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From civil engineering to coaching: Becoming a Multiverse Coach

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We caught up with Adam Harris, a Data Fellowship coach here at Multiverse, to discuss his career journey, and how this has impacted his role as a coach. We dig into the transferable skills and routes to success that he has harnessed in this transition.

Q. You have had a varied career history before joining us at Multiverse. How did you decide to make this transition?

As a civil engineer for almost a decade, I spent my time working on various construction projects throughout the UK, with a specialism in the Nuclear Energy industry. I enjoyed my role, and specifically working with like-minded people but always felt something was missing. I felt like I could have more impact and was itching to try something different. This came with a lot of uncertainty as I had to consider if my role at the time fit with my future career goals.

I shifted my perspective to think about the things that I enjoyed most — helping colleagues and junior engineers with issues and using data to drive results. I know the impact of data in the modern world and started to think about the difference I could make by sharing my data skills with my colleagues.

Not soon after, I came across Multiverse. I spoke to a member of the team and heard more about the mission, and realised that this is what I was missing. I enjoyed the idea of seeing how your actions can change people's lives in real time and wanted to work in a company that had a mission to improve the lives of others. After some more research, I realised that I wanted to be part of the change to create a better route to jobs through education. And ultimately knew I’d regret not giving it a shot.

Q. What has been the best part about being a Data Fellowship Coach at Multiverse?

People and impact. And I'm sure I speak for many of my colleagues here - we really are surrounded by the best people in the industry. We all share a common goal and are all driven by wanting to have an impact - both on our apprentices and our partner companies.

Q. How have you used the skills you gained in industry to aid your coaching practice and the journey of your apprentices?

As I have practical experience in industry, I know what it takes to manage projects, solve problems and use data in real-world cases. This means I am able to take an applied learning approach and elevate it with anecdotal examples. I can share potential outcomes, common pitfalls and key tools to use based on the needs of different apprentices and partners, and make sure the theory taught is always applicable to the apprentice’s role. In our monthly check-ins, we set goals, objectives and discuss their project. Being a coach at Multiverse means using the tools you gained in industry to help others do the same.

Q. The prospect of leaving industry and moving to a full-time coaching role is a big decision. What are your top tips for candidates who are considering this transition? It is 100% a big decision, but it gets to a point where you have to make the leap - and trust in yourself, and your overall values and goals. I used some online resources to help me find my values and define my goals - as this wasn’t something I’d done before.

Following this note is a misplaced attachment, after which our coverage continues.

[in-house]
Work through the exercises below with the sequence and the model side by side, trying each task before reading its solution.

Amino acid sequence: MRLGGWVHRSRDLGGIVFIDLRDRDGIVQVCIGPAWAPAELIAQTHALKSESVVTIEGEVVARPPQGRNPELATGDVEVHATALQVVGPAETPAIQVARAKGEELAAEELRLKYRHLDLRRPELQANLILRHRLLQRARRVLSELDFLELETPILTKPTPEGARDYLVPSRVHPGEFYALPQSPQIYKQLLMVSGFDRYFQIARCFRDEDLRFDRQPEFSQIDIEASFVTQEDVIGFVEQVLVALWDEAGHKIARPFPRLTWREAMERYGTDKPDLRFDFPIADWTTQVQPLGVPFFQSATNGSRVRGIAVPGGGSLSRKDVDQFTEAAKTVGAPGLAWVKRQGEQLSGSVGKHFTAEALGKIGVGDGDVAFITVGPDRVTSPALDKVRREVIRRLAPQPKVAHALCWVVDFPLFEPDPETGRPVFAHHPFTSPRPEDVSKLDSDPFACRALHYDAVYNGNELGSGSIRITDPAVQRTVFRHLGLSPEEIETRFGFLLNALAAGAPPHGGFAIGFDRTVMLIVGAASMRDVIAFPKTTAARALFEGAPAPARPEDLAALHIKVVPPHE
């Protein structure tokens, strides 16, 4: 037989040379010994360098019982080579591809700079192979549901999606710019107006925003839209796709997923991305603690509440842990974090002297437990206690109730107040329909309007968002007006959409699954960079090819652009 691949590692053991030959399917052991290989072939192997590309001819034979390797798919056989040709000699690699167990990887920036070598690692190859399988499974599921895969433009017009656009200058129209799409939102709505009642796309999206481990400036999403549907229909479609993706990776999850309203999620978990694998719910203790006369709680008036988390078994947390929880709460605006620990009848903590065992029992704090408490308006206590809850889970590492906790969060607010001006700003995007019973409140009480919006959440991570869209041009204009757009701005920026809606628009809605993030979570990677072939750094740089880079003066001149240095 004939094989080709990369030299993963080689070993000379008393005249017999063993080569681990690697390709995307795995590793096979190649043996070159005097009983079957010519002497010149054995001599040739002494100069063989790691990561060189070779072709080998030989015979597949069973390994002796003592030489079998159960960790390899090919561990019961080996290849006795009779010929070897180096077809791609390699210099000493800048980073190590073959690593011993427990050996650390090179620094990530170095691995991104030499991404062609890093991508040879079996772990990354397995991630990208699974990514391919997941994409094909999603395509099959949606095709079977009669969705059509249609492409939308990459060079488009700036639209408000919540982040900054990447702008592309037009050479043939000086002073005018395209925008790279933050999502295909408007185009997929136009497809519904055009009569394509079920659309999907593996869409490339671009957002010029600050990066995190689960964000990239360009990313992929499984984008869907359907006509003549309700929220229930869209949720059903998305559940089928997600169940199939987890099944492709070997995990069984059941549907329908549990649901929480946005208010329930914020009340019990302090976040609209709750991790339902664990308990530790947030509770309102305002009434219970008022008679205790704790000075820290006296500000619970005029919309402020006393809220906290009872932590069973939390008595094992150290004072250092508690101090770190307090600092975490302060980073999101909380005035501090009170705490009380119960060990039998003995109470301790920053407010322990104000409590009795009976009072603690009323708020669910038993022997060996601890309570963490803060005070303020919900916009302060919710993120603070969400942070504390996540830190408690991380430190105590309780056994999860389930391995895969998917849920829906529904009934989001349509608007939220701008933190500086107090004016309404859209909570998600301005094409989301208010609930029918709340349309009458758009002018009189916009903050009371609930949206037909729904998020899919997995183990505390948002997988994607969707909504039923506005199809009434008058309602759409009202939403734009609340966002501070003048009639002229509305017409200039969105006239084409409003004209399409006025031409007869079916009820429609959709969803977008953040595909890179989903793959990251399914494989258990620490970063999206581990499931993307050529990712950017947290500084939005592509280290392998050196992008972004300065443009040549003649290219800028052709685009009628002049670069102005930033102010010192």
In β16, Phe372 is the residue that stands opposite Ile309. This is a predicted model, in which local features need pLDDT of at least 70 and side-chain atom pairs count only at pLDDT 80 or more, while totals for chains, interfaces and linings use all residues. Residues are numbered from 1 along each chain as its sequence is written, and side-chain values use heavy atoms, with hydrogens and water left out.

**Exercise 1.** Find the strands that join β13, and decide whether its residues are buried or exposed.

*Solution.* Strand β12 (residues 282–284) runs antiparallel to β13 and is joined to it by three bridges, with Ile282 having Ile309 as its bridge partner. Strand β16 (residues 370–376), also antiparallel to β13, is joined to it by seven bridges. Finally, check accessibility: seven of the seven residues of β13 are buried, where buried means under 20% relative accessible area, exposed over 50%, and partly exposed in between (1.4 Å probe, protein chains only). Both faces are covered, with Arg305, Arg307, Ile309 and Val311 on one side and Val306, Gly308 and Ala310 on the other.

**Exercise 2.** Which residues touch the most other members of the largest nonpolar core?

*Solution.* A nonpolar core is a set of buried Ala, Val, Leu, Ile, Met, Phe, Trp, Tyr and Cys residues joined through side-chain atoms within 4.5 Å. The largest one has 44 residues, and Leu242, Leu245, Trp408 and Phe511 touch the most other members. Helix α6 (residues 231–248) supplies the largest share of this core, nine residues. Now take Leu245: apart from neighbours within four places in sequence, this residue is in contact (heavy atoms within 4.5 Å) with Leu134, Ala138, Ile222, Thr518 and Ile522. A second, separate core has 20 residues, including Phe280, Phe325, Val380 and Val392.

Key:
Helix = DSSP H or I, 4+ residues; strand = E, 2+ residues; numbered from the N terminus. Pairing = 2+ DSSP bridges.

For me, the thing that made me solidify my decision to move away from industry was the ability to help people and the improved flexibility. Now talking from experience, the coach role gives me more flexibility than I’ve ever had. Managers trust you to deliver on your responsibilities as well as support you towards taking on new ones.

Looking back, the interview process gave me a great indication of the role and allowed me to meet lots of people that I now work with! When it comes to advice, I would spend time researching Multiverse, coaching more broadly as well as the role to make sure it is the right fit for you.

Q. What are the biggest challenges you have overcome since becoming a coach? How can prospective candidates mitigate this?

One of the biggest challenges was being able to transition to a culture of community. I had in the past felt afraid to ask for help, but this is welcomed and encouraged at Multiverse. When I first started I noticed people were putting in short informal meetings into my diary, which are coined ‘coffee chats’. During this time, I could get to know people from the team, feel a greater sense of community and share best practices with colleagues. If you start as a coach, do not be afraid to ask questions or put a quick meeting in someone’s diary, it could save you a lot of time and you build a new connection!

Q. What has development looked like for you at Multiverse? How have you been able to keep on top of your technical skills while in the role?

Development has been clear for me at Multiverse. One of our values is that development is at our core. I have felt that specifically in my team, we have weekly continuous professional development sessions to make sure we are upskilling and keeping up to date with new technology/tools.

These include tech and coaching-focused sessions led by colleagues and peers. Our team is made up of a variety of people from industry professionals, PhD graduates, technical specialists and more, so there is a huge breadth of knowledge and skills across the team and we enjoy learning from each other. There is always a forum and channel to ask questions and you are encouraged to discuss with your manager development and upskilling opportunities. You can find out more about development from my colleague here.

Adam is one of many of coaches who has transitioned from industry to the coach role at Multiverse. Has this blog got you thinking you could do the same? See our active roles here(opens new window).

Adam Harris, Data Fellowship Coach

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